Finding God in The Lord of the Rings

I was first introduced to Bilbo Baggins by my favorite cousin when I was in the 6th grade. While I enjoyed the The Hobbit, I was not overwhelmed by it although I was interested in continuing the saga when she gave me The Fellowship of the Ring the summer before my seventh-grade year. The Fellowship of the Ring and the subsequent two books in The Lord of the Rings trilogy affected me profoundly and perhaps had more impact on me than any other book/s besides the Bible.
For many years I was hard pressed to explain why the books captivated me and why I returned to read them year after year. Certainly the plot was gripping and the characters were substantial. The world, people and languages of Middle Earth seemed real, with layer upon layer of history and myth. The story of good versus evil was certainly inspiring, but what drew me back was something more intangible. I found some of the great truths of the Bible revealed and lived out in the pages of The Lord of the Rings – the corrupting influence of power, the love of one friend for another, the pure love between a man and a woman (or an elf princess), self sacrifice, courage, and the willingness to lay down one’s life for the greater good. This idea of deep Biblical truths in what seemed to be merely a fairy tale become a personal conundrum since I had no idea at the time what Tolkien’s influences were.
In my college years the mystery began to unravel when I learned J.R.R. Tolkien was a contemporary and friend of C. S. Lewis, another writer whose works have impacted me greatly. I learned the two writers influenced one another greatly. However, it was not until the movie version came out that I was compelled to research Tolkien and discovered that he not only was a Christian, but he was influential in winning C. S. Lewis to Christ. Furthermore, in a letter to Father Robert Murray, a Jesuit Priest, Tolkien states: “The Lord of the Rings is of course a fundamentally religious and Catholic work; unconsciously so at first, but consciously in the revision. That is why I have not put in, or have cut out, practically all references to anything like ‘religion,’ to cults or practices, in the imaginary world. For the religious element is absorbed into the story and the symbolism.”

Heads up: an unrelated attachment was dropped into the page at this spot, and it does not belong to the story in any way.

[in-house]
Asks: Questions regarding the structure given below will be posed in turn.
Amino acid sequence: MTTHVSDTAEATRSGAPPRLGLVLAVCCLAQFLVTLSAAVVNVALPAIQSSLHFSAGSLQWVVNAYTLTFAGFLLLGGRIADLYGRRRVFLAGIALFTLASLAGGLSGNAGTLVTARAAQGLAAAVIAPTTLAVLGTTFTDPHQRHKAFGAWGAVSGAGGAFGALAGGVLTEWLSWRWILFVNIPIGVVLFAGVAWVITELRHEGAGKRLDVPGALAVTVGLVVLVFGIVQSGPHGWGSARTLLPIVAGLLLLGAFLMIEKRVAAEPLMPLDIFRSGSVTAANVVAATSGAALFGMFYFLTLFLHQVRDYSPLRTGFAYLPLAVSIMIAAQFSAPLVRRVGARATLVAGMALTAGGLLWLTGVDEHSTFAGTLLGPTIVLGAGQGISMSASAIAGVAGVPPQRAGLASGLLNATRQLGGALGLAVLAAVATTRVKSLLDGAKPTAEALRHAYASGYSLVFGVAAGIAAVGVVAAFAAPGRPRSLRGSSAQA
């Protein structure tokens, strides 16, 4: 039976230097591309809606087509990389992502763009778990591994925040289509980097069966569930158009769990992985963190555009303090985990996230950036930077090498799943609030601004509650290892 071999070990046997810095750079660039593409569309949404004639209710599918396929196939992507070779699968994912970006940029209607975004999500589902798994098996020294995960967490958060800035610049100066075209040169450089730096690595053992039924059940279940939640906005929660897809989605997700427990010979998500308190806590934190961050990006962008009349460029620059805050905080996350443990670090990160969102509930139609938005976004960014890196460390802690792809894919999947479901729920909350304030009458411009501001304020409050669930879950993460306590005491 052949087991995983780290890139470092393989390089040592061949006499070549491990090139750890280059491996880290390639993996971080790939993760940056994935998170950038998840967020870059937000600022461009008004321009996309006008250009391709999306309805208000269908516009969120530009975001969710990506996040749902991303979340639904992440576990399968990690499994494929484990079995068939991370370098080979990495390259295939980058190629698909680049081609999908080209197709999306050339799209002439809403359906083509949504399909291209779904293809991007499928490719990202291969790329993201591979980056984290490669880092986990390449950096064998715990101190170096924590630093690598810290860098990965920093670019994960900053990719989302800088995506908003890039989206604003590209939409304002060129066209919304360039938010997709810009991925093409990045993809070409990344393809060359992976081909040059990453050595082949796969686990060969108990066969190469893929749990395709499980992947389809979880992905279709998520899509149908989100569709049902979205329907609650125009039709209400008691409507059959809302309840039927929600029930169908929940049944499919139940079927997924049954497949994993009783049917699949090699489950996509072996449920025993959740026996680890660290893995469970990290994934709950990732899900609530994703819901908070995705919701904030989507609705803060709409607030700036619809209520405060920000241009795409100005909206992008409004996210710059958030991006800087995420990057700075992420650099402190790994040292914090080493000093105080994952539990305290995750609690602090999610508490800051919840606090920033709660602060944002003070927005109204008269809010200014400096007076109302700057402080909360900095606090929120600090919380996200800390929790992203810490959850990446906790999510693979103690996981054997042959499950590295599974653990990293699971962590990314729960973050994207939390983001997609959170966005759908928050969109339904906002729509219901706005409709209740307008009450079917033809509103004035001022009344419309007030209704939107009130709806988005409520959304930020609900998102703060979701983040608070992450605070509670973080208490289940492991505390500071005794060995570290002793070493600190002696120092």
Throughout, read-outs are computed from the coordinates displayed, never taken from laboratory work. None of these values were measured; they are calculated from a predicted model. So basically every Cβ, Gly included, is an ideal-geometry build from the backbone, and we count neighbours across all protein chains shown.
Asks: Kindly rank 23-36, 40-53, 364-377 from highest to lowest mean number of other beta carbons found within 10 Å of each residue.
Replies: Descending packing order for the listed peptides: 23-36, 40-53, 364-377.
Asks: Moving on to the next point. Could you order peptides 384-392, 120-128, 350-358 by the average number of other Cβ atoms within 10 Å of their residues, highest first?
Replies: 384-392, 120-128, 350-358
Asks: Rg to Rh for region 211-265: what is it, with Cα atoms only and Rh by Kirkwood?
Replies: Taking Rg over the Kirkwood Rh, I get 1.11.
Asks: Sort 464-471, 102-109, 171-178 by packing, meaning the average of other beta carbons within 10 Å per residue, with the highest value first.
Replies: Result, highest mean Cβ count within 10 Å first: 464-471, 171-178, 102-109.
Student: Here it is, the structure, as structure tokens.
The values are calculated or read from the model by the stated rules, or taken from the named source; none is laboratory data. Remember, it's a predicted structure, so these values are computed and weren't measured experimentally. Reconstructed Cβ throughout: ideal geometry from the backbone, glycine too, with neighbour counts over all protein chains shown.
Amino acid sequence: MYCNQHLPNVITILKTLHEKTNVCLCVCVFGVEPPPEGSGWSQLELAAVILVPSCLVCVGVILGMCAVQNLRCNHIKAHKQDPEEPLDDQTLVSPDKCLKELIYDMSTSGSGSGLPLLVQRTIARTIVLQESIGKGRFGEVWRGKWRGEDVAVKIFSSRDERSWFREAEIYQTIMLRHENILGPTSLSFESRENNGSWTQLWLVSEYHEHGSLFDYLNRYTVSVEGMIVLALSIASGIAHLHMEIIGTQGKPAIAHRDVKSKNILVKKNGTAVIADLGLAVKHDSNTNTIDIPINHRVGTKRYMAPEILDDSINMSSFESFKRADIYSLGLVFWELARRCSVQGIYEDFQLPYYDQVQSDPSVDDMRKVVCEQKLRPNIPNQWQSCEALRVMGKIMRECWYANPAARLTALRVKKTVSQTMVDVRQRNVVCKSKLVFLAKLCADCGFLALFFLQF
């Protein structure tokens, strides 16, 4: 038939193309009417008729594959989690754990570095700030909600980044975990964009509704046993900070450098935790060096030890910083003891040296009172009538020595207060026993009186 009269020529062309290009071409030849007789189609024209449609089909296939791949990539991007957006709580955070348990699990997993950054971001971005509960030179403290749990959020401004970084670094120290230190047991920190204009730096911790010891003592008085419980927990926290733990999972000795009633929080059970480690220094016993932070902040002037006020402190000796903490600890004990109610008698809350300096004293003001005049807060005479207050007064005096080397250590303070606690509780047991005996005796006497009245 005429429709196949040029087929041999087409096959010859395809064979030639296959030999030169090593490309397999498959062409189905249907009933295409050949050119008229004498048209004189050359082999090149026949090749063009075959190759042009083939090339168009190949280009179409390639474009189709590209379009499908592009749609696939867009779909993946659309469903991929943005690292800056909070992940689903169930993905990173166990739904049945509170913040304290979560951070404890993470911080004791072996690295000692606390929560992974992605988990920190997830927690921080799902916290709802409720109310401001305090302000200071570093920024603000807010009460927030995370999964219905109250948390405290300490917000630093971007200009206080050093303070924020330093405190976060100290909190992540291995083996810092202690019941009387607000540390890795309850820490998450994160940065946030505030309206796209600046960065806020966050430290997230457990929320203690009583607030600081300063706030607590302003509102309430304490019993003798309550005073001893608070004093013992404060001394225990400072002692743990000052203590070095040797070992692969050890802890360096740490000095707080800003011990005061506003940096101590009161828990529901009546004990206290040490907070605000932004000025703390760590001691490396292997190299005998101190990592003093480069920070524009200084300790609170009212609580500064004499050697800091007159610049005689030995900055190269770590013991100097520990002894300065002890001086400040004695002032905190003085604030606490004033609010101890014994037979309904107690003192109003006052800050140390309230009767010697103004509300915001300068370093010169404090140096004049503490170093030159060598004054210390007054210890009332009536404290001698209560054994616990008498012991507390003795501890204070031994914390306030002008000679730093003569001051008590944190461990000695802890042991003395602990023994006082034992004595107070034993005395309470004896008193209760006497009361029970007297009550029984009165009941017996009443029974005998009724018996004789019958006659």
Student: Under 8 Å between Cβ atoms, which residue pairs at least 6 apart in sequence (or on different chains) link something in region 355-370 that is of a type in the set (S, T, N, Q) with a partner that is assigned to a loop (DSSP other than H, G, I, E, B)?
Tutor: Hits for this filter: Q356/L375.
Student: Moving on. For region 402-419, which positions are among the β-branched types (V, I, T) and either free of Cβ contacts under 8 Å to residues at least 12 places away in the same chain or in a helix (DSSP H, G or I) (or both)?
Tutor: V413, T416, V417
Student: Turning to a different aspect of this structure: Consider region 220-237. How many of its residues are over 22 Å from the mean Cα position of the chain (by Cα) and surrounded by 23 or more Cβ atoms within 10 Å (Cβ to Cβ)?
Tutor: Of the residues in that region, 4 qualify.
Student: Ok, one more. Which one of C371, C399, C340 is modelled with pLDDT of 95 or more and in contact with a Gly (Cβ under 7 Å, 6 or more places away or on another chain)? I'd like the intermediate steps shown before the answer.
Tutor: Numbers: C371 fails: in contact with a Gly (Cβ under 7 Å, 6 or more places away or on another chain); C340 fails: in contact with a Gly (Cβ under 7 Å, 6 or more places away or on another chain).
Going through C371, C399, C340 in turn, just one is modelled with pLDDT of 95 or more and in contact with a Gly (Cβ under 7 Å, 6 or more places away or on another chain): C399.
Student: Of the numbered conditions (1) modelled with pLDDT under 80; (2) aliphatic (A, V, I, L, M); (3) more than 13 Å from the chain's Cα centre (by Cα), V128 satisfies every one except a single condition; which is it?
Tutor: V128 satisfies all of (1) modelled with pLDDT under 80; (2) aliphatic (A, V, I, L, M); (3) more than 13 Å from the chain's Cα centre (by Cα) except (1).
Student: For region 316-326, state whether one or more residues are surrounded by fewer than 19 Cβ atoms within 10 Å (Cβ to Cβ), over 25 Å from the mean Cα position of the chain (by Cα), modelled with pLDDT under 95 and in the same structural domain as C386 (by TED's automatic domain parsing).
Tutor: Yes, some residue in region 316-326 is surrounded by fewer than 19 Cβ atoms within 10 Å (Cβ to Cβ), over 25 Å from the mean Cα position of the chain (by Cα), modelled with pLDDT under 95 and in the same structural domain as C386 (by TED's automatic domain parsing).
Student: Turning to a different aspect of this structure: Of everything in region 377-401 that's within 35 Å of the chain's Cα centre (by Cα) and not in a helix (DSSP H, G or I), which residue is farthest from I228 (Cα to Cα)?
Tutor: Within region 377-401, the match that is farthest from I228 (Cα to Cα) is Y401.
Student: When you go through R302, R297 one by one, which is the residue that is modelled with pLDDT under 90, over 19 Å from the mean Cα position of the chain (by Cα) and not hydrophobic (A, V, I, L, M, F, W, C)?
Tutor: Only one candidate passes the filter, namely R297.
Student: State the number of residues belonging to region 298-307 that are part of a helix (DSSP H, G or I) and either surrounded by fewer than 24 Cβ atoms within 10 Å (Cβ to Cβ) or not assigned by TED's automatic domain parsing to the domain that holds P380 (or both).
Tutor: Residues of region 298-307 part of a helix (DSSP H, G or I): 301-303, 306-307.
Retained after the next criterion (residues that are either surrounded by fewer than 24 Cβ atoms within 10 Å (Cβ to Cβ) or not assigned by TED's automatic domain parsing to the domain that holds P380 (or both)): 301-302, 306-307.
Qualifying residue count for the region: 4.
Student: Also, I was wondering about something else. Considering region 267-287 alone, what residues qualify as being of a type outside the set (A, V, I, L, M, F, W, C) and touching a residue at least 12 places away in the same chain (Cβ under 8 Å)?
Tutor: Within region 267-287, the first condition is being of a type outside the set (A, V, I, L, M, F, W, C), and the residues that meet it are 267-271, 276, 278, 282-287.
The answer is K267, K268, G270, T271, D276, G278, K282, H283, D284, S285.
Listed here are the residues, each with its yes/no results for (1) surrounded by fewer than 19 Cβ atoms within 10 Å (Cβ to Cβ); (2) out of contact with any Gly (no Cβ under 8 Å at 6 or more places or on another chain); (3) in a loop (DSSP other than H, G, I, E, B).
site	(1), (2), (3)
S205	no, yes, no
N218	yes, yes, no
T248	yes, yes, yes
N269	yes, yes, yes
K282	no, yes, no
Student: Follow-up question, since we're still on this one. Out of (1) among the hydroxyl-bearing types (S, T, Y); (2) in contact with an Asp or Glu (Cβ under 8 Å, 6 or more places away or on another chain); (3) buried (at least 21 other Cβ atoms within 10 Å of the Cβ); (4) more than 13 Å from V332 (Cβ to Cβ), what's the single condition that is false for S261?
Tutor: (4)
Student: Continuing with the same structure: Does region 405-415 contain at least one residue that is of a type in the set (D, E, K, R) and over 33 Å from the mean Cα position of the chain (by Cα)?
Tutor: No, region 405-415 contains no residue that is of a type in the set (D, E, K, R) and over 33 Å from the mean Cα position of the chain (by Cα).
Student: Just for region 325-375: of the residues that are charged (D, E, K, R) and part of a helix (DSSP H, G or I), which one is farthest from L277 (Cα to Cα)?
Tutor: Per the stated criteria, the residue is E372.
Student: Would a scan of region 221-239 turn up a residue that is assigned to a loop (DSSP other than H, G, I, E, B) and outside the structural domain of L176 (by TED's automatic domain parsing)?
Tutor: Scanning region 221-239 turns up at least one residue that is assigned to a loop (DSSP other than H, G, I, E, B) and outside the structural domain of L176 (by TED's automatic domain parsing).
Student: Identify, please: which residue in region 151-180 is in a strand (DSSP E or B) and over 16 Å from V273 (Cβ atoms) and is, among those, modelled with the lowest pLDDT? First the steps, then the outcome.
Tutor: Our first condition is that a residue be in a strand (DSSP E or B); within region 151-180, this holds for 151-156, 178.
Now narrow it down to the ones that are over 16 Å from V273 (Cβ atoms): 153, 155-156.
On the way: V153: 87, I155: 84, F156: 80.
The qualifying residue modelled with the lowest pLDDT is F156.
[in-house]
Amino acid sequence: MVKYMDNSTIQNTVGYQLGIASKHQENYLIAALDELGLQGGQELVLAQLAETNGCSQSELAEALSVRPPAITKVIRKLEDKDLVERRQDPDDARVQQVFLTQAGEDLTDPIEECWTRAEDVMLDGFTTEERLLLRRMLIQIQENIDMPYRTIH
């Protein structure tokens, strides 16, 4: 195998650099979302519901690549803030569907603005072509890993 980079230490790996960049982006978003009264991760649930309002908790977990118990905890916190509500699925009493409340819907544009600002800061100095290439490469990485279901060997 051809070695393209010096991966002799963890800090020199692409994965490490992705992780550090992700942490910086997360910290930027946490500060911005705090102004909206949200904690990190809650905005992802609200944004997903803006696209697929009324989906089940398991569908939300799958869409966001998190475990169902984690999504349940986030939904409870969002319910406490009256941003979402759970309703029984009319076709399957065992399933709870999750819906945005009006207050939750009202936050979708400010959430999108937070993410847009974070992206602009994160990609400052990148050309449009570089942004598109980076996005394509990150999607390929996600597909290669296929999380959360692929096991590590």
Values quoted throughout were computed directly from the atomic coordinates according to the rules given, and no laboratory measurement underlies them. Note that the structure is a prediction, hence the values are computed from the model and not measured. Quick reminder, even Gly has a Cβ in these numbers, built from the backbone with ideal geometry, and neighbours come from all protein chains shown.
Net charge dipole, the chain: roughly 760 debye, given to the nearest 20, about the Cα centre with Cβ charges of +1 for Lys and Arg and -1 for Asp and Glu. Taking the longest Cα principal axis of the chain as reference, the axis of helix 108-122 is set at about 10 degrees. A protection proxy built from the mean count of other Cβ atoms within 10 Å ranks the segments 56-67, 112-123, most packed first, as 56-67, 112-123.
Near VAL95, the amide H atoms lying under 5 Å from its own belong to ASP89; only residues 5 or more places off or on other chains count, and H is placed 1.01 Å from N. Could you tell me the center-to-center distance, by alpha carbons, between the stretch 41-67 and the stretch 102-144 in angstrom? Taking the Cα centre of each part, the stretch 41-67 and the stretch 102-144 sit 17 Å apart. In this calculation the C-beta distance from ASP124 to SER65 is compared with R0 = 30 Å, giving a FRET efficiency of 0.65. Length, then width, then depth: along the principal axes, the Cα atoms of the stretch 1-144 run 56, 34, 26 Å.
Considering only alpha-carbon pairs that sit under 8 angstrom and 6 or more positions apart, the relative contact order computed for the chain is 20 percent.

In my research I came across a reference to an intriguing title, Finding God in The Lord of the Rings, I quickly tracked down a copy at my local Christian bookstore and found a delightful series of reflections based upon quotes and concepts found in The Lord of the Rings. Written by Kurt Bruner, a vice president with Focus on the Family and Jim Ware, author of several other books, Finding God in The Lord of the Rings invites the reader to “Discover Timeless Truth Among The Hobbits.” The authors state “transcendent truths of Christianity bubble up throughout this story, baptizing our imaginations with realities better experienced than studied.” The authors are quick to point out that Finding God in The Lord of the Rings is not “a covert allegory of the gospel” and they do not try to make it so. Rather, their stated goal is to “explore the inference” of Tolkein’s imagination.
Chapters are short, begin with a snippet of the original story line and a specific quote, and then the reader is invited to consider both the quote and the story line on a deeper spiritual level. Each chapter explores one particular theme, each of which which will sound familiar to both readers of “The Lord of the Rings” and Biblical scholars: Evil Intentions, Hidden Courage, Unwholesome Power, Singing in the Dark, and Redemption. To any skeptics who would find fault with trying to find God in a fairy tale, the authors offer two quotes from Tolkien one at the beginning and one end of the book.
In the introduction we read:The Gospels contain a fairy story, or a story of a larger kind which embraces all the essence of fairy stories. They contain many marvels… But this story has entered History… This story is supreme, and it is true. Art has been verified. God is the Lord, of angels, and of men — and of elves.”
In the epilogue, near the book’s conclusion the authors quote Tolkien one final time:The heart of Christianity is a myth which is also a fact… It happens — at a particular date, in a particular place, followed by definable consequences… By becoming fact it does not cease to by myth; that is the miracle.
Whether you are a fan of The Lord of the Rings or not, these brief reflections are worth a read. However, they will mean much more to one who is familiar with the unforgettable characters created by a literary craftsman who loved the Gospel, loved myth, and twined the two into the telling of a truly inspiring tale.
Finding God in The Lord of the Rings
Kurt Bruner & Jim Ware
120 pages
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